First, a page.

BACKGROUND Reprogramming of host metabolism supports viral pathogenesis by fueling viral proliferation, by providing, for example, free amino acids and fatty acids as building blocks.METHODS To investigate metabolic effects of SARS-CoV-2 infection, we evaluated serum metabolites of patients with COVID-19 (n = 33; diagnosed by nucleic acid testing), as compared with COVID-19–negative controls (n = 16).RESULTS Targeted and untargeted metabolomics analyses identified altered tryptophan metabolism into the kynurenine pathway, which regulates inflammation and immunity. Indeed, these changes in tryptophan metabolism correlated with interleukin-6 (IL-6) levels. Widespread dysregulation of nitrogen metabolism was also seen in infected patients, with altered levels of most amino acids, along with increased markers of oxidant stress (e.g., methionine sulfoxide, cystine), proteolysis, and renal dysfunction (e.g., creatine, creatinine, polyamines). Increased circulating levels of glucose and free fatty acids were also observed, consistent with altered carbon homeostasis. Interestingly, metabolite levels in these pathways correlated with clinical laboratory markers of inflammation (i.e., IL-6 and C-reactive protein) and renal function (i.e., blood urea nitrogen).CONCLUSION In conclusion, this initial observational study identified amino acid and fatty acid metabolism as correlates of COVID-19, providing mechanistic insights, potential markers of clinical severity, and potential therapeutic targets.FUNDING Boettcher Foundation Webb-Waring Biomedical Research Award; National Institute of General and Medical Sciences, NIH; and National Heart, Lung, and Blood Institute, NIH.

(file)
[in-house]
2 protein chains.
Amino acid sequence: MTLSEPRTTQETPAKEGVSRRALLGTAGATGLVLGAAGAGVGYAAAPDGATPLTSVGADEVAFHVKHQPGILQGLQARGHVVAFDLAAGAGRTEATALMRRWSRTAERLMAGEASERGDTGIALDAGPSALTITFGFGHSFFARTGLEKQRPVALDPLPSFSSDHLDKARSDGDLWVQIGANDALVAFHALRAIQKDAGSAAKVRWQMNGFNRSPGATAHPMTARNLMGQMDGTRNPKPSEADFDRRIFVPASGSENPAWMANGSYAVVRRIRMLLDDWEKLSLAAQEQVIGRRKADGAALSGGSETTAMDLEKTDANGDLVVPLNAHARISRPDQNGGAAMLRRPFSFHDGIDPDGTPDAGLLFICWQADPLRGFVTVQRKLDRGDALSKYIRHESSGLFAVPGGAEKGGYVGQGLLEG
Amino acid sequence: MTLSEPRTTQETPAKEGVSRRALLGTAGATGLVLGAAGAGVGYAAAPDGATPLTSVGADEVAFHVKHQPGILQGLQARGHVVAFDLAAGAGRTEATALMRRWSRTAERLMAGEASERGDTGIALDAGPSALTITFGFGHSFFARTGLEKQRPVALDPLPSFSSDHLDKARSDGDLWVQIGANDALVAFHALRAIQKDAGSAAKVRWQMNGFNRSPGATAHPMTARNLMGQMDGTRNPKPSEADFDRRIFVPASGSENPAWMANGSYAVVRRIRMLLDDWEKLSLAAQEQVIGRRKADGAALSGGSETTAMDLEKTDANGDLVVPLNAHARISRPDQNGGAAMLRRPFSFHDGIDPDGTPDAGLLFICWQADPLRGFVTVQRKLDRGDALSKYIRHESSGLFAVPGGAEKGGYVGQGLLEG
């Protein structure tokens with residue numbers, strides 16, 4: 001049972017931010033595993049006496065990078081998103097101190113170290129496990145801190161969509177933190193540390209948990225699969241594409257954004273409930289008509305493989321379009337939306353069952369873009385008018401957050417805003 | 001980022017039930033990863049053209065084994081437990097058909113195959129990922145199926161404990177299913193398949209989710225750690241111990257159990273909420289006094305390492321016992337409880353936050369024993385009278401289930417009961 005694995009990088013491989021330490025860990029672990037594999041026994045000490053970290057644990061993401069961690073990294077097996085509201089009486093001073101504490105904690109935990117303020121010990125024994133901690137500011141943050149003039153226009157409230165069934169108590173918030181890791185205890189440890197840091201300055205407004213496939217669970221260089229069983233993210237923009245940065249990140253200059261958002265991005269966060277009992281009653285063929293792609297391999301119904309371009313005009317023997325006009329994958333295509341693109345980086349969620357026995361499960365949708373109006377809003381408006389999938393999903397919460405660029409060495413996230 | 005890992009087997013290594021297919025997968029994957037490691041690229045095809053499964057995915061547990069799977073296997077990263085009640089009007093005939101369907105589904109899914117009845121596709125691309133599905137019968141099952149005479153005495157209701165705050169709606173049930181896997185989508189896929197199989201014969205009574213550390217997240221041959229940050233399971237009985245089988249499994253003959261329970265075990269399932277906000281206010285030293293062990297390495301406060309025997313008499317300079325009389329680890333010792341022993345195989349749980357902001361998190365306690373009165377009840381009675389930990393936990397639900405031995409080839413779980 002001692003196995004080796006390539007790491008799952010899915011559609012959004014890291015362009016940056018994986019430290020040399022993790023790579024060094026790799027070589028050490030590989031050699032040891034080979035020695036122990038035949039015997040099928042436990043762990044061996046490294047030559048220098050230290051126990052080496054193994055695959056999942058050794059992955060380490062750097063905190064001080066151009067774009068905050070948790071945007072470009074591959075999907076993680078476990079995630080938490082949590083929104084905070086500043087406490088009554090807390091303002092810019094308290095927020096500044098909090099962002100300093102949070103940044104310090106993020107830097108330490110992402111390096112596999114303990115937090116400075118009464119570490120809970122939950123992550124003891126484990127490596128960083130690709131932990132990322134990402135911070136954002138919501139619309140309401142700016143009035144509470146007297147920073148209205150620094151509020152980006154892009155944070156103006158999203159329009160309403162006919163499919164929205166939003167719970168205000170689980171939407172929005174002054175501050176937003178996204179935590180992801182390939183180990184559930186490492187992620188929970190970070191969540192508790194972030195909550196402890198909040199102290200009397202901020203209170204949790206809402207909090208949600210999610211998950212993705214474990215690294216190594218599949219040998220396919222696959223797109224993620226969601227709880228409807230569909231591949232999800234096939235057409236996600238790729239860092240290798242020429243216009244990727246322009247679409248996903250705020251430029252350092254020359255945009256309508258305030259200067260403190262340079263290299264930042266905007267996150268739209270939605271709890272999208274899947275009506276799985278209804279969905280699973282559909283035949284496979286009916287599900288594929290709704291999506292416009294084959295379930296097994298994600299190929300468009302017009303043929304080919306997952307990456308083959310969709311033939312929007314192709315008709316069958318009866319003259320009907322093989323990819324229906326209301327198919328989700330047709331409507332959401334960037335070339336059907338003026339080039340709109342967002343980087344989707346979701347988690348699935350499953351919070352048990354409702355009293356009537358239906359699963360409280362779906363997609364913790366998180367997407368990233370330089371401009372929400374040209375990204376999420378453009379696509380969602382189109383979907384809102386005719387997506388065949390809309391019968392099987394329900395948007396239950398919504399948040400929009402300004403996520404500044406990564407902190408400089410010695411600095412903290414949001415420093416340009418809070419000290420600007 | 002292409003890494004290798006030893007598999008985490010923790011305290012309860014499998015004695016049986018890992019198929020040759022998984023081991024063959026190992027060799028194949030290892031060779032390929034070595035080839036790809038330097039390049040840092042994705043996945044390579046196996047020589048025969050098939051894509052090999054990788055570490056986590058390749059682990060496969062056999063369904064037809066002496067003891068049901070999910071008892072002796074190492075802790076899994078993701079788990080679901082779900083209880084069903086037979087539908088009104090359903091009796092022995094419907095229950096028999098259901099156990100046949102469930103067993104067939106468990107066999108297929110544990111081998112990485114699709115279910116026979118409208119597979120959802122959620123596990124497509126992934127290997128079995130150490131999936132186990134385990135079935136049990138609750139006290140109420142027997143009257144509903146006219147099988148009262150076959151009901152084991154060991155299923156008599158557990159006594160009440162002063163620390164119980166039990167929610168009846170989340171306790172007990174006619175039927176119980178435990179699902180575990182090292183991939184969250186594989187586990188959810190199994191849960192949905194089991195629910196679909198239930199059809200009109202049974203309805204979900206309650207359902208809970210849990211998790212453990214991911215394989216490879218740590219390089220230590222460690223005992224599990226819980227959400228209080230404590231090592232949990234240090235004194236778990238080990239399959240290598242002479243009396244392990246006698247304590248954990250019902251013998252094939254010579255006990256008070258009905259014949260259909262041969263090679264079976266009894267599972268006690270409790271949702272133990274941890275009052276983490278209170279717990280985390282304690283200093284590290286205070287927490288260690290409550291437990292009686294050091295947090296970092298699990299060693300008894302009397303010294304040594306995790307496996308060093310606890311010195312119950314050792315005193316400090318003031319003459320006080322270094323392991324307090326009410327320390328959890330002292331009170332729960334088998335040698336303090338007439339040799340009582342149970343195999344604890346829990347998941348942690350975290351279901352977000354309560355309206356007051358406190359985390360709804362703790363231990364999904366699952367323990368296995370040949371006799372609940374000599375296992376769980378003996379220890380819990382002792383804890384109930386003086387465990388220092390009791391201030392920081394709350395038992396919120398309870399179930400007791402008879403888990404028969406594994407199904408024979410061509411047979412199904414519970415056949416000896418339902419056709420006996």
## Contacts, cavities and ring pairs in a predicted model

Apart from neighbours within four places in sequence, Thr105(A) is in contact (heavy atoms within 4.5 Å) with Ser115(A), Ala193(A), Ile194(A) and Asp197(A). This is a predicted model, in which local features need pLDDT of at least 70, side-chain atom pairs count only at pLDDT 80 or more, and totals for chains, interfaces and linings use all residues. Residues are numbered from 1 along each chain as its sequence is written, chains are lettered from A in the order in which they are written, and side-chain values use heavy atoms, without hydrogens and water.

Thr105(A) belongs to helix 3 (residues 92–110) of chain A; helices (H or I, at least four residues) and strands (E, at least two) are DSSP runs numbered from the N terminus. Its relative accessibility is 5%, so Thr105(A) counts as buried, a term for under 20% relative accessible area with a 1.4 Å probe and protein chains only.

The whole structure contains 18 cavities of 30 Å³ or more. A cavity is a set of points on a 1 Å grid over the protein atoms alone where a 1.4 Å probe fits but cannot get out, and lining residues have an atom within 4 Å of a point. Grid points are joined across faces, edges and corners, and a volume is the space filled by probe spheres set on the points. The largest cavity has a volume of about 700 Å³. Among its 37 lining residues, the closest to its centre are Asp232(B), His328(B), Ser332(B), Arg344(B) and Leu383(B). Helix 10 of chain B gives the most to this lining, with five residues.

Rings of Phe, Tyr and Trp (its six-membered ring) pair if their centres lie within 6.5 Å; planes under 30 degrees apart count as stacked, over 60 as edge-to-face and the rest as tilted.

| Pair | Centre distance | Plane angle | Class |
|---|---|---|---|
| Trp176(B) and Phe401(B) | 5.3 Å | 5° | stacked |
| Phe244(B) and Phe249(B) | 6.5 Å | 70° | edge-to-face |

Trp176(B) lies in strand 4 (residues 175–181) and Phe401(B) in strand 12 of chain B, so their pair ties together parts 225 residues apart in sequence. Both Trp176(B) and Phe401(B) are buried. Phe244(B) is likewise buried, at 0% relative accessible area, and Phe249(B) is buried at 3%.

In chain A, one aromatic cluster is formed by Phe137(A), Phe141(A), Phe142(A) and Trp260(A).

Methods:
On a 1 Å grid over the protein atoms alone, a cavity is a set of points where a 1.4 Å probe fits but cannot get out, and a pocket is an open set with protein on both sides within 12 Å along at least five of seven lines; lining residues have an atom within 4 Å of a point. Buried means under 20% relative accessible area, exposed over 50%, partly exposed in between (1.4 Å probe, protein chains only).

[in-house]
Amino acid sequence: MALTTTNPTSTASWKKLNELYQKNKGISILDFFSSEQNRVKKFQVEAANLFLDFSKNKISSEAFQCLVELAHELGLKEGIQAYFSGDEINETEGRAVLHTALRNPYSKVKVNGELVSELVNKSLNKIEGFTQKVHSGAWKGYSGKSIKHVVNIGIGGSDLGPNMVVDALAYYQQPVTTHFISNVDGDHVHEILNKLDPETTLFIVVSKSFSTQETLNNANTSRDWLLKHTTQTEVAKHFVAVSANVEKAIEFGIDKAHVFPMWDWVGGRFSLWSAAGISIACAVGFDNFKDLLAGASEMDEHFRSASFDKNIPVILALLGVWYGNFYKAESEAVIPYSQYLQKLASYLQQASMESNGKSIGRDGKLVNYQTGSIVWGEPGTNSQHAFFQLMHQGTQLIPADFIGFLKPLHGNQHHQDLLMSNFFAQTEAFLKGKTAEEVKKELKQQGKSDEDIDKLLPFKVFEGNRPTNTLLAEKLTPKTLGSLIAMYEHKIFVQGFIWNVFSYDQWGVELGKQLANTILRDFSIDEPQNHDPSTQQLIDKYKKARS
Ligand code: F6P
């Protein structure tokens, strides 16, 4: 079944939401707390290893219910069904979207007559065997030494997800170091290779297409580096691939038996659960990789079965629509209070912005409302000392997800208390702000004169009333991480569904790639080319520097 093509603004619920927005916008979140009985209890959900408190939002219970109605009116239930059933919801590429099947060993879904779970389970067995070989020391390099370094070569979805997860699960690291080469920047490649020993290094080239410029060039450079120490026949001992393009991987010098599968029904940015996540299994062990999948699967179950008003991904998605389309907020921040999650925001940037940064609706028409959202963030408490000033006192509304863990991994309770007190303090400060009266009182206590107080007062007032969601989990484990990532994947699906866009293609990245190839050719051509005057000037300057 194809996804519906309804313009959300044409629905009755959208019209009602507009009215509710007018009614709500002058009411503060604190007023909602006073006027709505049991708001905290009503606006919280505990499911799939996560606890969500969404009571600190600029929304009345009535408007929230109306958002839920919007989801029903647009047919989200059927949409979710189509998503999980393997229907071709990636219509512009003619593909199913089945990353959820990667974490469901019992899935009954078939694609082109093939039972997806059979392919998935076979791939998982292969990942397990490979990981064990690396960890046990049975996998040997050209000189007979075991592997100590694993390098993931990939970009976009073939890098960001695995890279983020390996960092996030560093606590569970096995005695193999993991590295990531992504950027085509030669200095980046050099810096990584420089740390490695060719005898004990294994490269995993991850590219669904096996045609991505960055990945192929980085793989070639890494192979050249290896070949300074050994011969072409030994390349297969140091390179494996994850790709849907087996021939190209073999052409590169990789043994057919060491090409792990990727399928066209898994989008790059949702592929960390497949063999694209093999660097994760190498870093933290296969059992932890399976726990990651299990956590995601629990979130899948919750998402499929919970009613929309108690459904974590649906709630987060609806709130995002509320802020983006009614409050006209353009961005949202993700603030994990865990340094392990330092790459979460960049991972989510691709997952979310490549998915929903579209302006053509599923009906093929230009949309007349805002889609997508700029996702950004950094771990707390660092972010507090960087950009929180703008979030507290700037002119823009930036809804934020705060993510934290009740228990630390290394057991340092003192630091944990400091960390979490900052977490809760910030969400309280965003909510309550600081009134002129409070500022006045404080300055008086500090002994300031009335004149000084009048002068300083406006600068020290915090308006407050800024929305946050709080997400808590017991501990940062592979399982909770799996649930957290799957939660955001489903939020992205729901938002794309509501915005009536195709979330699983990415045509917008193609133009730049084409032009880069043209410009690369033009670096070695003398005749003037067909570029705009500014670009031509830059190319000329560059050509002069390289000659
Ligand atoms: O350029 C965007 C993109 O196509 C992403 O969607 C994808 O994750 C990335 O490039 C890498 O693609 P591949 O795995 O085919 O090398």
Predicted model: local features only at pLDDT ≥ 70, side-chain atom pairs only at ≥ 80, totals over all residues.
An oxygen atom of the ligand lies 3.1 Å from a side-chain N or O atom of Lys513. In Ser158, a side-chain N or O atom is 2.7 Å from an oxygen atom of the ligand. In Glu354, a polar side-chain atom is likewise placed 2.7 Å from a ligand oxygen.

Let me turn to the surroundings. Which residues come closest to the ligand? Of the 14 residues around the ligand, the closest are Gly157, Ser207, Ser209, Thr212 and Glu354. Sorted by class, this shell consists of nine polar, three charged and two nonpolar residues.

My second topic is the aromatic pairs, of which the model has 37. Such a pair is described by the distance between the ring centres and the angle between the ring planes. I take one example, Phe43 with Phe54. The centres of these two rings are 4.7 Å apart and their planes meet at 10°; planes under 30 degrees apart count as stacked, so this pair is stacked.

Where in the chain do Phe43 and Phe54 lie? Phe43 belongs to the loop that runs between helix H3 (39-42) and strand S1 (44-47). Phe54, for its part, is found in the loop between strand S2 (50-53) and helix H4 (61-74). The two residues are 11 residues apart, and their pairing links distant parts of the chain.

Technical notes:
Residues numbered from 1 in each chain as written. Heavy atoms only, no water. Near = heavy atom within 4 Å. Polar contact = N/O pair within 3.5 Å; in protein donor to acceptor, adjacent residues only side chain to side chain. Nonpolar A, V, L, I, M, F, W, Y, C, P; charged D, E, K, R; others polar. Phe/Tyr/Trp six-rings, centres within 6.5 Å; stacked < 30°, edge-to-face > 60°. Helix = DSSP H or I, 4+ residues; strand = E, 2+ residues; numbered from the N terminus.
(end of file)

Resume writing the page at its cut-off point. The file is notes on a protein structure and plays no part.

Tiffany Thomas, Davide Stefanoni, Julie A. Reisz, Travis Nemkov, Lorenzo Bertolone, Richard O. Francis, Krystalyn E. Hudson, James C. Zimring, Kirk C. Hansen, Eldad A. Hod, Steven L. Spitalnik, Angelo D’Alessandro